DispatchQueue.main.async { // to avoid warning
                self.rect = g.frame(in: .global)
            }
            return Color.clear // return content - doesn't work
        }
    }
}

struct ContentView: View {
    @State private var rect1 = CGRect()
    var body: some View {
        let t = HStack {
            // make two texts equal width, for example
            // this is not a good way to achieve this, just for demo
            Text("Long text").overlay(Color.clear.modifier(GeometryGetterMod(rect: $rect1)))
            // You can then use rect in other places of your view:

            Text("text").frame(width: rect1.width, height: rect1.height).background(Color.green)
            Text("text").background(Color.yellow)
        }
        print(rect1)
        return t
    }
}

Here is another convenient way to get and do something with the size of current view: readSize function.

extension View {
  func readSize(onChange: @escaping (CGSize) -> Void) -> some View {
    background(
      GeometryReader { geometryProxy in
        Color.clear
          .preference(key: SizePreferenceKey.self, value: geometryProxy.size)
      }
    )
    .onPreferenceChange(SizePreferenceKey.self, perform: onChange)
  }
}

private struct SizePreferenceKey: PreferenceKey {
  static var defaultValue: CGSize = .zero
  static func reduce(value: inout CGSize, nextValue: () -> CGSize) {}
}

Usage:

struct ContentView: View {
    @State private var commonSize = CGSize()
    var body: some View {
        VStack {
        Text("Hello, world!")
            .padding()
            .border(.yellow, width: 1)
            .readSize { textSize in
                commonSize = textSize
            }
        Rectangle()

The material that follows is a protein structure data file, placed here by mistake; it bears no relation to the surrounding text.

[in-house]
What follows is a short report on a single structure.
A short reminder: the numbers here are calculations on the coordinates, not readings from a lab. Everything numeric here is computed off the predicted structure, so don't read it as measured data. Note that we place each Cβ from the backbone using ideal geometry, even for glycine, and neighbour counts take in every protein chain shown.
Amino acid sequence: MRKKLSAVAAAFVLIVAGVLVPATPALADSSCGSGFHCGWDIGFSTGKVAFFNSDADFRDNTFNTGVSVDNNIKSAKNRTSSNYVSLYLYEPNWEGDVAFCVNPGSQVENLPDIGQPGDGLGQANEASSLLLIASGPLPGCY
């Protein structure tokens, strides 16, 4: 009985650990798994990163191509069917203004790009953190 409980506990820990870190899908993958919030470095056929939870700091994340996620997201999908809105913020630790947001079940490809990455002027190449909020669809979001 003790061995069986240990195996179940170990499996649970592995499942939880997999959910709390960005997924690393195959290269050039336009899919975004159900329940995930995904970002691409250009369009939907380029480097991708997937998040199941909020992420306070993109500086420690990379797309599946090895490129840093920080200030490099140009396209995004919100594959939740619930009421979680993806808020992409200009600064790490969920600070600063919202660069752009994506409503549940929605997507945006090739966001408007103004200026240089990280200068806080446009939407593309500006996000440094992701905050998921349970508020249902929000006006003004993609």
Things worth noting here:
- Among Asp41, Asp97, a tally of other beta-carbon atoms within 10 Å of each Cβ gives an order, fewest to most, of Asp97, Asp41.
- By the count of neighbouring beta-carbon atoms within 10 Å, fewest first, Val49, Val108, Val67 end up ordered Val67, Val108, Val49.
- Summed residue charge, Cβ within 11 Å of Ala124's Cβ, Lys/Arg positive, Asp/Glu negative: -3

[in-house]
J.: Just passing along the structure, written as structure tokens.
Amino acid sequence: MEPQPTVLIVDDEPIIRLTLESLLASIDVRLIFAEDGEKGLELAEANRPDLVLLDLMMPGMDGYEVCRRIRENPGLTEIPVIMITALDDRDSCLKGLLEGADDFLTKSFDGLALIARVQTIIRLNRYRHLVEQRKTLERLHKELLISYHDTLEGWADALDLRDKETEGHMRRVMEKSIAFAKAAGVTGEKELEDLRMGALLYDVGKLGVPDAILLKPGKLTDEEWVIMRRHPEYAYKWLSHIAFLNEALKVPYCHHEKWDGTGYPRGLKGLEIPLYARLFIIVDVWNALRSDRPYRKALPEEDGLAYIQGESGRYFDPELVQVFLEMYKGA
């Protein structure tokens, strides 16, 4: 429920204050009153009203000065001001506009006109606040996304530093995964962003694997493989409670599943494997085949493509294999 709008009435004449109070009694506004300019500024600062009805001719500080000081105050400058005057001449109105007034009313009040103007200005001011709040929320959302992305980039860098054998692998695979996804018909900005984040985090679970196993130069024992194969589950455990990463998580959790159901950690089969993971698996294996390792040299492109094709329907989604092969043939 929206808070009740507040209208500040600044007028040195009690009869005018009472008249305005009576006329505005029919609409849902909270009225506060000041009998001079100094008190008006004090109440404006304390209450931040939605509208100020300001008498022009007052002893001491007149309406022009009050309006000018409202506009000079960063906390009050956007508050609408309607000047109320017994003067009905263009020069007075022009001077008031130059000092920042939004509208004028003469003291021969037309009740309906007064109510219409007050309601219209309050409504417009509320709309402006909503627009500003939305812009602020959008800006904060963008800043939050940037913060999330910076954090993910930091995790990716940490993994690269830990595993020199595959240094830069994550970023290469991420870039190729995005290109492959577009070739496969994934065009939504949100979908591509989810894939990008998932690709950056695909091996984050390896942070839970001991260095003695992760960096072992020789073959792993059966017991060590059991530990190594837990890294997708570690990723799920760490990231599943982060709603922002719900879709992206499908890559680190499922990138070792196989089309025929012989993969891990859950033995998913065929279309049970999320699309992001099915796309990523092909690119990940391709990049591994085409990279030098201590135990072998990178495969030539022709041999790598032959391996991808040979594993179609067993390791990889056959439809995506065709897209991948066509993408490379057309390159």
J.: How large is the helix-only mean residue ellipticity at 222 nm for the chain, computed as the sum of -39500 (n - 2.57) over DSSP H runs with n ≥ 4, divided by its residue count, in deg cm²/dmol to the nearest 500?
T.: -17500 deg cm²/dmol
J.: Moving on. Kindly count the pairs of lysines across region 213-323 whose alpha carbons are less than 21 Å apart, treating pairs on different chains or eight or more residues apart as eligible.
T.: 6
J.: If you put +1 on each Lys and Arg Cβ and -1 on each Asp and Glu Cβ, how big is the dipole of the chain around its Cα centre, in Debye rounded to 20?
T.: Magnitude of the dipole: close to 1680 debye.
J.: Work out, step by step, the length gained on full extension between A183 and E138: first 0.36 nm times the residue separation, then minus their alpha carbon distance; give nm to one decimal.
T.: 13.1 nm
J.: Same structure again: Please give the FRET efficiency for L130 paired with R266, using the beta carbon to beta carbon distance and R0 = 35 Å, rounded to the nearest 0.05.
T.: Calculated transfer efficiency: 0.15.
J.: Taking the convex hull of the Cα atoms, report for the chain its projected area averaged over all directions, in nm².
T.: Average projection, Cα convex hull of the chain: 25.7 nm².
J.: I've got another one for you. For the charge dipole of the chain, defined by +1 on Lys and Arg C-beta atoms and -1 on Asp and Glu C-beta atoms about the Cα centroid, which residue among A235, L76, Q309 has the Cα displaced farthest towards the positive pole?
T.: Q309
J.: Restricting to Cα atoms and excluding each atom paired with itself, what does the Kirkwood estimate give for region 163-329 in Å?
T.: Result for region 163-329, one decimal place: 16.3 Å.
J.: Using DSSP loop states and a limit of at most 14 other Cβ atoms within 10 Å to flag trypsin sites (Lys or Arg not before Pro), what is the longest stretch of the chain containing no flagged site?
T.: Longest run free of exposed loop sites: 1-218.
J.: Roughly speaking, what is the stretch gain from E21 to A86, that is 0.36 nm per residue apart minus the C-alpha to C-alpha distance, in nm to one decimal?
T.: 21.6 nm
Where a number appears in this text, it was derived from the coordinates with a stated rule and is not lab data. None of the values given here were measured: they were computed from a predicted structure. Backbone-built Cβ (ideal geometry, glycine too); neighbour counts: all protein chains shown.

.foregroundColor(.yellow)
            .frame(width: commonSize.width, height: commonSize.height)
        }
    }
}
1

There's a much simpler way to get the width of a view using GeometryReader. You need to create a state variable to store the width, then surround the desired view with a GeometryReader, and set the width value to the geometry inside that width. For instace:

struct ContentView: View {
    @State var width: CGFloat = 0.00 // this variable stores the width we want to get
    
    var body: some View {
        VStack(alignment: .leading) {
            GeometryReader { geometry in
                Text(timer.name)
                    .font(.largeTitle)
                    .fontWeight(.heavy)
                    .onAppear {
                        self.width = geometry.size.width
                        print("text width: \(width)") // test
                    }
            } // in this case, we are reading the width of text
            Text(timer.time)
                .font(.largeTitle)
                .fontWeight(.heavy)
                .opacity(0.5)
        }
    }
}

Note that the width will change if the target's view also changes. If you want to store it, I would suggest using a let constant somewhere else. Hope that helps!